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Porcelain Fillings

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Most people have one or two cavities, and dental fillings are an easy way to restore them. Our dentist can prepare the cavity, filling it with a strong restorative material. Several materials are available.

What Are the Different Types of Filling Materials?

Filling materials include composite, amalgam, glass ionomer, and porcelain.

Composite Fillings

These fillings are made from tooth-colored composite resin that is strong and durable. We keep a comprehensive choice of shades in stock so our New Jersey dentist can closely match the color of your filling to your natural tooth. Composite resin fillings last for several years but can eventually become stained.

If you need a front tooth filling, it will almost certainly be made from composite resin. The material is ideal for filling small to medium-sized cavities in teeth.

Amalgam Fillings

Amalgam fillings are less widely used nowadays and are silver fillings made from a combination of different metals, including mercury. Although amalgam is durable and long-lasting, these fillings are highly visible.

They require additional preparation, so our dentist must remove more healthy tooth structure to prepare the cavity. Amalgam also flexes when it comes under pressure or in contact with anything hot and cold. As it flexes, it can cause microfractures in a tooth over time that eventually begin to weaken it.

Glass Ionomer Fillings

Glass ionomer fillings are tooth colored but are less durable than other filling materials, so they tend to be used in areas where they will not come under a lot of pressure, for example, around the neck of a tooth. The material gradually releases fluoride, helping to protect and strengthen the tooth. Glass ionomer fillings should last several years before they must be replaced.

All the above fillings are made chairside or are direct, so our dentist can prepare the cavity, filling it with the chosen restoration material. Once hardened, the filling can be shaped, polished, and completed in a single visit.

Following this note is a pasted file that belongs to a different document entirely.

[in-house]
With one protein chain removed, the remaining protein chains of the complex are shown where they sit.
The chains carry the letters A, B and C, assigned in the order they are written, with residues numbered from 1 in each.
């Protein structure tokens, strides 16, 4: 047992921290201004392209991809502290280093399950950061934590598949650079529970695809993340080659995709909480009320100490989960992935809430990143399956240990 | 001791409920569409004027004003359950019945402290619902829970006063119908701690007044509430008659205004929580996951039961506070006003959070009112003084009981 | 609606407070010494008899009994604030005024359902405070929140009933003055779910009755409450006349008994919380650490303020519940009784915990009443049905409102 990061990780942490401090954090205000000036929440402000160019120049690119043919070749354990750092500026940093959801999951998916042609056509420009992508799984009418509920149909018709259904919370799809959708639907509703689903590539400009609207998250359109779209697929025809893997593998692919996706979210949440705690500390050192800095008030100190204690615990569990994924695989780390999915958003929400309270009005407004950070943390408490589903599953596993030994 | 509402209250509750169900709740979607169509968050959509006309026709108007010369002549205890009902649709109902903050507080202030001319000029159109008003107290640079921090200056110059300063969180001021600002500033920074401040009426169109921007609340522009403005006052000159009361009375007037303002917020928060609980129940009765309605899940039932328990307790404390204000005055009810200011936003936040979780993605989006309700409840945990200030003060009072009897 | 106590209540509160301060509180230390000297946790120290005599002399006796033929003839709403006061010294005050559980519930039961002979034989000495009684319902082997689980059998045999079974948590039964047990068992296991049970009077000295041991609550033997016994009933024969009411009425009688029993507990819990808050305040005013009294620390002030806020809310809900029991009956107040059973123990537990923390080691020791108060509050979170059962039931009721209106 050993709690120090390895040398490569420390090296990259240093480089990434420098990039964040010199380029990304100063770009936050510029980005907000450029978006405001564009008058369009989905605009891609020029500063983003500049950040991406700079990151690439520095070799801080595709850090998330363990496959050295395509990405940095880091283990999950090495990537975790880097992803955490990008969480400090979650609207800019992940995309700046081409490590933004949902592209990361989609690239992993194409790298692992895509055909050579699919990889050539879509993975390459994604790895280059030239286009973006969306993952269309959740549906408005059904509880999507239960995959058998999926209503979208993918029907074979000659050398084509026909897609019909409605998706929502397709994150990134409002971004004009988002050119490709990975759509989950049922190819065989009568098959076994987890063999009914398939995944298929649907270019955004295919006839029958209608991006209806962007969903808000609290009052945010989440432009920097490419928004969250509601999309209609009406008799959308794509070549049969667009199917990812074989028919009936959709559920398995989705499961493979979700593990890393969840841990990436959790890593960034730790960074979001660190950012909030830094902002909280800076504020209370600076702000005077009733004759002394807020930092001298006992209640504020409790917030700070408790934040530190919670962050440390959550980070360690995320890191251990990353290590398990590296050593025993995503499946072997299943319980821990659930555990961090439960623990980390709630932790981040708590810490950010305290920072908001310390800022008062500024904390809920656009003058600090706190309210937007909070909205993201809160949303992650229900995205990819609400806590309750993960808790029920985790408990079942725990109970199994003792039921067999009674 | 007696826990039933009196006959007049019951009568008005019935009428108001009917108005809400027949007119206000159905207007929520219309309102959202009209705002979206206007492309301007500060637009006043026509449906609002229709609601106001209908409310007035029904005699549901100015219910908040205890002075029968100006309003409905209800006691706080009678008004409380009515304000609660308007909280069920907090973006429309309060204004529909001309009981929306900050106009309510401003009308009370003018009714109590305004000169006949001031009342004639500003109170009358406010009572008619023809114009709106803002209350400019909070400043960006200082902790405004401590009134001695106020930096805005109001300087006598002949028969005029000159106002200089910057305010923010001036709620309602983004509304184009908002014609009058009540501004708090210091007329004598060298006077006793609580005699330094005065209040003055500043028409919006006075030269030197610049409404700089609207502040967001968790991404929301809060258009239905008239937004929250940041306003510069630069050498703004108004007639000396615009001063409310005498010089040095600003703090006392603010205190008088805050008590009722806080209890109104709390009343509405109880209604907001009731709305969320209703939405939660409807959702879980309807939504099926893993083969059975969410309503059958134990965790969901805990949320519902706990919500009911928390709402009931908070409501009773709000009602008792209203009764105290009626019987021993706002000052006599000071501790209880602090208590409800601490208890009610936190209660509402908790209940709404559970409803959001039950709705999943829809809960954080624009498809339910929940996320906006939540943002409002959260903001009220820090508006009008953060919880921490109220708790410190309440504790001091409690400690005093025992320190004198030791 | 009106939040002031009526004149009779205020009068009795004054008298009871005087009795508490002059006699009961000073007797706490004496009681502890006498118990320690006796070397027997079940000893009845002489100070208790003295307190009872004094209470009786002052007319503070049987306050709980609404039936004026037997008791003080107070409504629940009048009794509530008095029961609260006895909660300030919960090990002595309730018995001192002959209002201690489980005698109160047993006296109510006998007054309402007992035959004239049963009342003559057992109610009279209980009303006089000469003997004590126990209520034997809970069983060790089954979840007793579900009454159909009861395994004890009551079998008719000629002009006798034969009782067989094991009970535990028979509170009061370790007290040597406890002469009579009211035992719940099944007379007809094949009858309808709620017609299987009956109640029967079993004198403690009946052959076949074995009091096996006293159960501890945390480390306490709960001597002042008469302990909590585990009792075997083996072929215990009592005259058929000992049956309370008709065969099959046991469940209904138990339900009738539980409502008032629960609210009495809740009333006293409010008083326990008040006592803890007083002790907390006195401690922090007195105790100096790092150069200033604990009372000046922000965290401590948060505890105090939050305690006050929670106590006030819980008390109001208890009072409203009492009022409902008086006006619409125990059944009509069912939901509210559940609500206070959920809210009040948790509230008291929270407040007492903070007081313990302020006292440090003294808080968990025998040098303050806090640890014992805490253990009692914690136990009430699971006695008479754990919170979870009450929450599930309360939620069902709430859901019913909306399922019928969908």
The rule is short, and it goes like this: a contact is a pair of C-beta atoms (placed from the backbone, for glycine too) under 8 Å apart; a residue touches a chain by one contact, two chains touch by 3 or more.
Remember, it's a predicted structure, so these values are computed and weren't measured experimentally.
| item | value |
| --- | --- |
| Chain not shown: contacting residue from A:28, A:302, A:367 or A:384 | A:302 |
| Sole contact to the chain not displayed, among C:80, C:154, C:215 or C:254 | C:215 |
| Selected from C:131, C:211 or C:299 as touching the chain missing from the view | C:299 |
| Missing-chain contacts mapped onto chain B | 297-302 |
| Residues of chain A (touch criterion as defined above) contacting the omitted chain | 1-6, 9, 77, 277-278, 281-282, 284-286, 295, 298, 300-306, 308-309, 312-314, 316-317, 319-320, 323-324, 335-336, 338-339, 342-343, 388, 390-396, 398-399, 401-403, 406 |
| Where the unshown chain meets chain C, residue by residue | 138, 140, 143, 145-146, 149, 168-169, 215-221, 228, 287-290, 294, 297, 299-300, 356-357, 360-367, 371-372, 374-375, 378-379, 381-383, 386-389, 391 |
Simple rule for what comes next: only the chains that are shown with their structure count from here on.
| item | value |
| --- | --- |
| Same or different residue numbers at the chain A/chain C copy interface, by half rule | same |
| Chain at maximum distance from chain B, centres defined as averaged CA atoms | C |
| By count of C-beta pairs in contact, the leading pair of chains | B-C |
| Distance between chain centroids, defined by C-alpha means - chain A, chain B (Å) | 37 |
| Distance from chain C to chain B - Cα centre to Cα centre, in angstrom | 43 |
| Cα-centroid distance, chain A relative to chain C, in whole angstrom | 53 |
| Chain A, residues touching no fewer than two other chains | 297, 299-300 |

Porcelain Fillings

Porcelain FillingsThese fillings are indirect, meaning they are made outside of the mouth. They tend to be used to fill larger cavities in teeth, such as those affecting the chewing surfaces of your back teeth.

Porcelain is much stronger than glass ionomer, amalgam, or composite resin and is stain-resistant. Although more expensive, it should last for years and remain looking good for its lifetime.

You may also hear a porcelain filling called an inlay or onlay.

Porcelain Inlay

A porcelain inlay is made to restore the inner portion of the chewing surface of a back tooth. None of the tooth cusps are involved in the dental restoration.

Porcelain Onlay

A porcelain onlay can restore the inner portion of the chewing surface of a back tooth and one or more of the tooth cusps, so it is a larger restoration.

What Happens If I Don’t Have a Dental Filling?

When a cavity isn’t treated promptly, it will soon become bigger, penetrating deep into the tooth. Tooth decay cannot clear up on its own as it is a bacterial infection. There is a risk that, eventually, the cavity will reach the dental pulp, causing significant tooth pain and requiring root canal therapy. You could even lose the tooth.

Although tooth decay is more common among children and teenagers, it can occur at any age and to anyone.

What Are the Signs I Have Tooth Decay?

Several signs can indicate a cavity in the tooth, including the following.

  • Tooth sensitivity to hot and cold foods and beverages.
  • Tooth sensitivity to temperature changes, such as breathing in on a cold day.
  • A black or brown stain on the tooth.
  • Toothache or pain when you bite or chew.
  • Visible holes or pits in teeth.

You would likely be unaware a cavity is forming as, initially, they can cause few if any, symptoms. This is why it’s important to have regular dental exams at My New Jersey Dentist, even if you have no pain or discomfort. The sooner we can treat a cavity, the easier it is to mend.

How Will a Dentist Diagnose a Cavity?